Hemp: could it be fashion and the environment's new super ingredient?
Fashion often follows “wellness” and CBD is the ingredient du jour, especially in supplements and beauty. According to Wikipedia, CBD, or cannabidiol, is a phytocannabinoid discovered in 1940. It is one of some 113 identified cannabinoids in cannabis plants and accounts for up to 40% of the plant's extract. In 2018, clinical research on cannabidiol included preliminary studies of anxiety, cognition, movement disorders, and pain.
The CBD chemical from the cannabis plant does not induce a high – that’s THC – and recreational use of cannabis is still illegal in the UK.
Over in Canada, where they have legalised all forms of its use, there’s been a “green rush” into cannabis production. The Toronto stock exchange has more than 50 Canadian cannabis stocks now worth £37 billion. Investors are hungry for the cannabis boom and noises, from New York to London, are being made about legalisation.
But, what does this mean for fashion? With increased production and the world looking for less environmentally harmful fibres, could hemp be the new fashion favourite?
Jonathon Salfield, Marketing Director and Co-Founder of Afends, an Australian fashion brand known for its strong use of hemp within its clothing ranges, says: “CBD Oil is derived from the flowers of the hemp plant where hemp fibre is derived from the stalk of the hemp plant. So, in theory, the hemp grown for CBD production could also be turned in to hemp fibre. However to be more efficient with hemp for fibre, the ideal plant is a very tall Sativa strain, where the ideal plant for CBD is one that has thick flowers,” he says.
Hemp has many qualities. It is one of the strongest natural fibres on the planet, it is also one of the most resource efficient. The farming of hemp adds nutrients to the soil – hemp is only one of six genus of plants that enrich the soil – only requiring half the amount of water of cotton, and needs no herbicides or other agricultural chemicals. Hemp is also the only CO2 negative textile fibre, meaning its growth actually reduces carbon emissions in the atmosphere.
“There are many great qualities of hemp for fibre,” says Salfield. “What we love about hemp in clothing is the way it feels when you wear it. Hemp has had a saying that stems back to the days when cotton was becoming mainstream and that's ‘Hemp wears in, not out’. This is because of the length of the raw fibres are about 10 times longer than cotton fibre.
“We also love the fact that hemp has antimicrobial qualities. Antimicrobial is a type of bacteria which breaks down the sweat from your body, sweat smells so this is beneficial to us living in the tropics. However, the main benefit of hemp is the peace of mind that you are wearing a natural fibre that is good for our planet,” he says.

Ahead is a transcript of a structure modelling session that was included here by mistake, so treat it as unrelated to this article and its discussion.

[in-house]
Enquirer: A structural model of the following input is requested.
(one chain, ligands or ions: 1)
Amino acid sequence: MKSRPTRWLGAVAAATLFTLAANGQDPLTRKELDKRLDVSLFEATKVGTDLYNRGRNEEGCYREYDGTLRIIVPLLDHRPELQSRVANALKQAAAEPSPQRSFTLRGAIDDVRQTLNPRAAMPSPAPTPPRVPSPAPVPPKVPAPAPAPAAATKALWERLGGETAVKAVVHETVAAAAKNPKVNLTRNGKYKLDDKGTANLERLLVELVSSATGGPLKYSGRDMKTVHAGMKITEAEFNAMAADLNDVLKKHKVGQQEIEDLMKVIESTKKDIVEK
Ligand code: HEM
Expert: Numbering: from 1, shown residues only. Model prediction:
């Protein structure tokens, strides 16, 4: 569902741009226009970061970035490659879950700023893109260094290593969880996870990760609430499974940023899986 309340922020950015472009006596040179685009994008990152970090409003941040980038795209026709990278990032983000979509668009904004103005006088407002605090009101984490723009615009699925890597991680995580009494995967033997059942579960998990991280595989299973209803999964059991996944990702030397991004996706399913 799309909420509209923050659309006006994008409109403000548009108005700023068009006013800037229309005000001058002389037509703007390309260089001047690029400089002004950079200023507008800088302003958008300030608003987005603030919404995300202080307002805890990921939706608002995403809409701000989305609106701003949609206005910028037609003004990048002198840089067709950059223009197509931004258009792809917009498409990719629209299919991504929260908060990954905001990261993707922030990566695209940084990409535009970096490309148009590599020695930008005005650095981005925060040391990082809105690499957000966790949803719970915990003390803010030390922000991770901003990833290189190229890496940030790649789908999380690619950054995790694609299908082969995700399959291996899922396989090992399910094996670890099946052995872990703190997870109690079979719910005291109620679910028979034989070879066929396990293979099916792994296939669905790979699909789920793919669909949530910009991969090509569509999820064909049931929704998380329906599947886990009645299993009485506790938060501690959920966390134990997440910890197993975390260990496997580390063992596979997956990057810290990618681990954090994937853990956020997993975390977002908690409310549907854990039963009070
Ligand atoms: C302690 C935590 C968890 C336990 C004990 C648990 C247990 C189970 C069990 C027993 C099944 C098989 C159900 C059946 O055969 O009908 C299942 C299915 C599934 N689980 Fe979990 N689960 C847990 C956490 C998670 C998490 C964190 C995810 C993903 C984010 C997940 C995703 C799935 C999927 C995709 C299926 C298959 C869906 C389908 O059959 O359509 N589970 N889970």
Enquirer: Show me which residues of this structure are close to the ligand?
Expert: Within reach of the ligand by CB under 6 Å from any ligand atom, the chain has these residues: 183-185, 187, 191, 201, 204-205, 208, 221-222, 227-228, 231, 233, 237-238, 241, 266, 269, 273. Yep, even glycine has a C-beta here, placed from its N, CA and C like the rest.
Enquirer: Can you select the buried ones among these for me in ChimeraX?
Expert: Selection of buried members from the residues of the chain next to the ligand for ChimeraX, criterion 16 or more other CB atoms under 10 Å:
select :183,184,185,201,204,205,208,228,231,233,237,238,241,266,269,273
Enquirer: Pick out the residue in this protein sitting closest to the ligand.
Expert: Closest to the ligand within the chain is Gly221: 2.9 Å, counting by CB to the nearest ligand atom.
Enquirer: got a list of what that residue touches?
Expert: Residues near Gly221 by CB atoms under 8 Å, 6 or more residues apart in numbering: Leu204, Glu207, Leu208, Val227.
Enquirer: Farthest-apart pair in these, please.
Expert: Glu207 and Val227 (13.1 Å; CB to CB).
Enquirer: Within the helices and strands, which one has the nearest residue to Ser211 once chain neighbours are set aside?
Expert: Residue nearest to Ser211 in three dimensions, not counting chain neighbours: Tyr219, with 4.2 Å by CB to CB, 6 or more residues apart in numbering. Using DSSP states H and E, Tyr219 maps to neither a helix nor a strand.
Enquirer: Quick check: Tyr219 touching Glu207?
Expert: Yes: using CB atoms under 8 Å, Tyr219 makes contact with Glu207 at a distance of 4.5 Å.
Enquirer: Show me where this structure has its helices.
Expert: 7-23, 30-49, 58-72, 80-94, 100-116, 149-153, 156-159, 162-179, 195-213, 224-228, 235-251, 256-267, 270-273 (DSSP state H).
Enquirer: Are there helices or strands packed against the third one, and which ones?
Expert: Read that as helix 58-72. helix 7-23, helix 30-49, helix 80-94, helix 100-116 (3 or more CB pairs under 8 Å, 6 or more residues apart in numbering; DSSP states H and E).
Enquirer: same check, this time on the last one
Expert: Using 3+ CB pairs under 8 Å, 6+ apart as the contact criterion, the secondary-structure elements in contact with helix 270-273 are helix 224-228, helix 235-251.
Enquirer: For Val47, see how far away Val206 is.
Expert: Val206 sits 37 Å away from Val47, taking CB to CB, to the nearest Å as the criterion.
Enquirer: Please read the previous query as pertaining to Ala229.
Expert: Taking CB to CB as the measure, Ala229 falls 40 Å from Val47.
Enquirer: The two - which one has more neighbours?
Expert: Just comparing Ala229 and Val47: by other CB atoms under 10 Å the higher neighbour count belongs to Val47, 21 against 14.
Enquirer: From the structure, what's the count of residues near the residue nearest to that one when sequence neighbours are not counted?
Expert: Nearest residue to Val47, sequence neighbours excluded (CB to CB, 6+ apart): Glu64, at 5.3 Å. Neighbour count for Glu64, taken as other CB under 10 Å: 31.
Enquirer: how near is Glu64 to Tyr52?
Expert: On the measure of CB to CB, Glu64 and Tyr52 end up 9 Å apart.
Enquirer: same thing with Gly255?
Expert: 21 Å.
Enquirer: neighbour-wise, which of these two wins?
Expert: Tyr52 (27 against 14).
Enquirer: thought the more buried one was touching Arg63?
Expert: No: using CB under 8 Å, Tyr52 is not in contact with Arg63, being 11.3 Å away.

Hemp is also naturally UV resistant and hypoallergenic.
Demand is growing, Afends’ own Hemp production from 2017 to 2018 increased by more than 30%. The European cannabis market will be worth €123 billion (£106bn) by 2028, according to the London-based analysis firm Prohibition Partners. The Centre for Medicinal Cannabis estimates that 1.3 million consumers spent over £300 million on CBD products in the UK last year and BDS Analytics, a cannabis research firm, said worldwide legal cannabis spending will expand 36% to $15 billion in 2019, and pass $40 billion by 2024.
Hemp isn’t a new discovery, it’s been used for thousands of years – researchers have found hemp garments dating back as far as 8,000 BC – but we’re in an age of rediscovering fibres that take less effort and energy to grow. Just as we’ve seen a renaissance in linen, hemp is a natural and complimentary addition to fibres that are easily grown and have many natural benefits.
“As the world's population continues to grow we can't keep depending on GMO (genetically modified organism) cotton and polyester,” says Salfield. “We can't keep producing so many toxic chemicals. Hemp will eventually normalise as a common commodity. At the moment, hemp is very expensive to make clothing from, this is due to the infrastructure of hemp in the textile industry. Also, it’s a lot easier for a farmer to farm and sell cotton,” he says.
“If hemp was grown on a commercial scale it would be a lot cheaper to make clothing from. Being an optimistic person, I see hemp being one of the major materials we will use in the fashion industry. Hemp is considered an ‘Environmental Super Fibre’ and in the future, it will be considered an environmental superhero,” says Salfield.
This huge boom in cannabis demand, whether, medicinal, CBD or recreational, where legal, will see this more expensive fibre grown in larger and larger qualities and, will, hopefully, reduce in price.
Hemp was once seen as a hippy fibre, worn by those who were probably smoking the stuff too, but that will change as it becomes more mainstream and affordable and people learn the benefits to both themselves and the environment.
“HEMP IS FOR THE PEOPLE!” says Salfield. “Before the industrial revolution hemp was one of the most important commodities. It helped to keep people connected to the earth, it regenerated the soil and fuelled the economy. The modern-day hemp industry could potentially be the main source of pulp for the paper, fibre for fashion and give people in developing countries added nutrients to help them thrive.”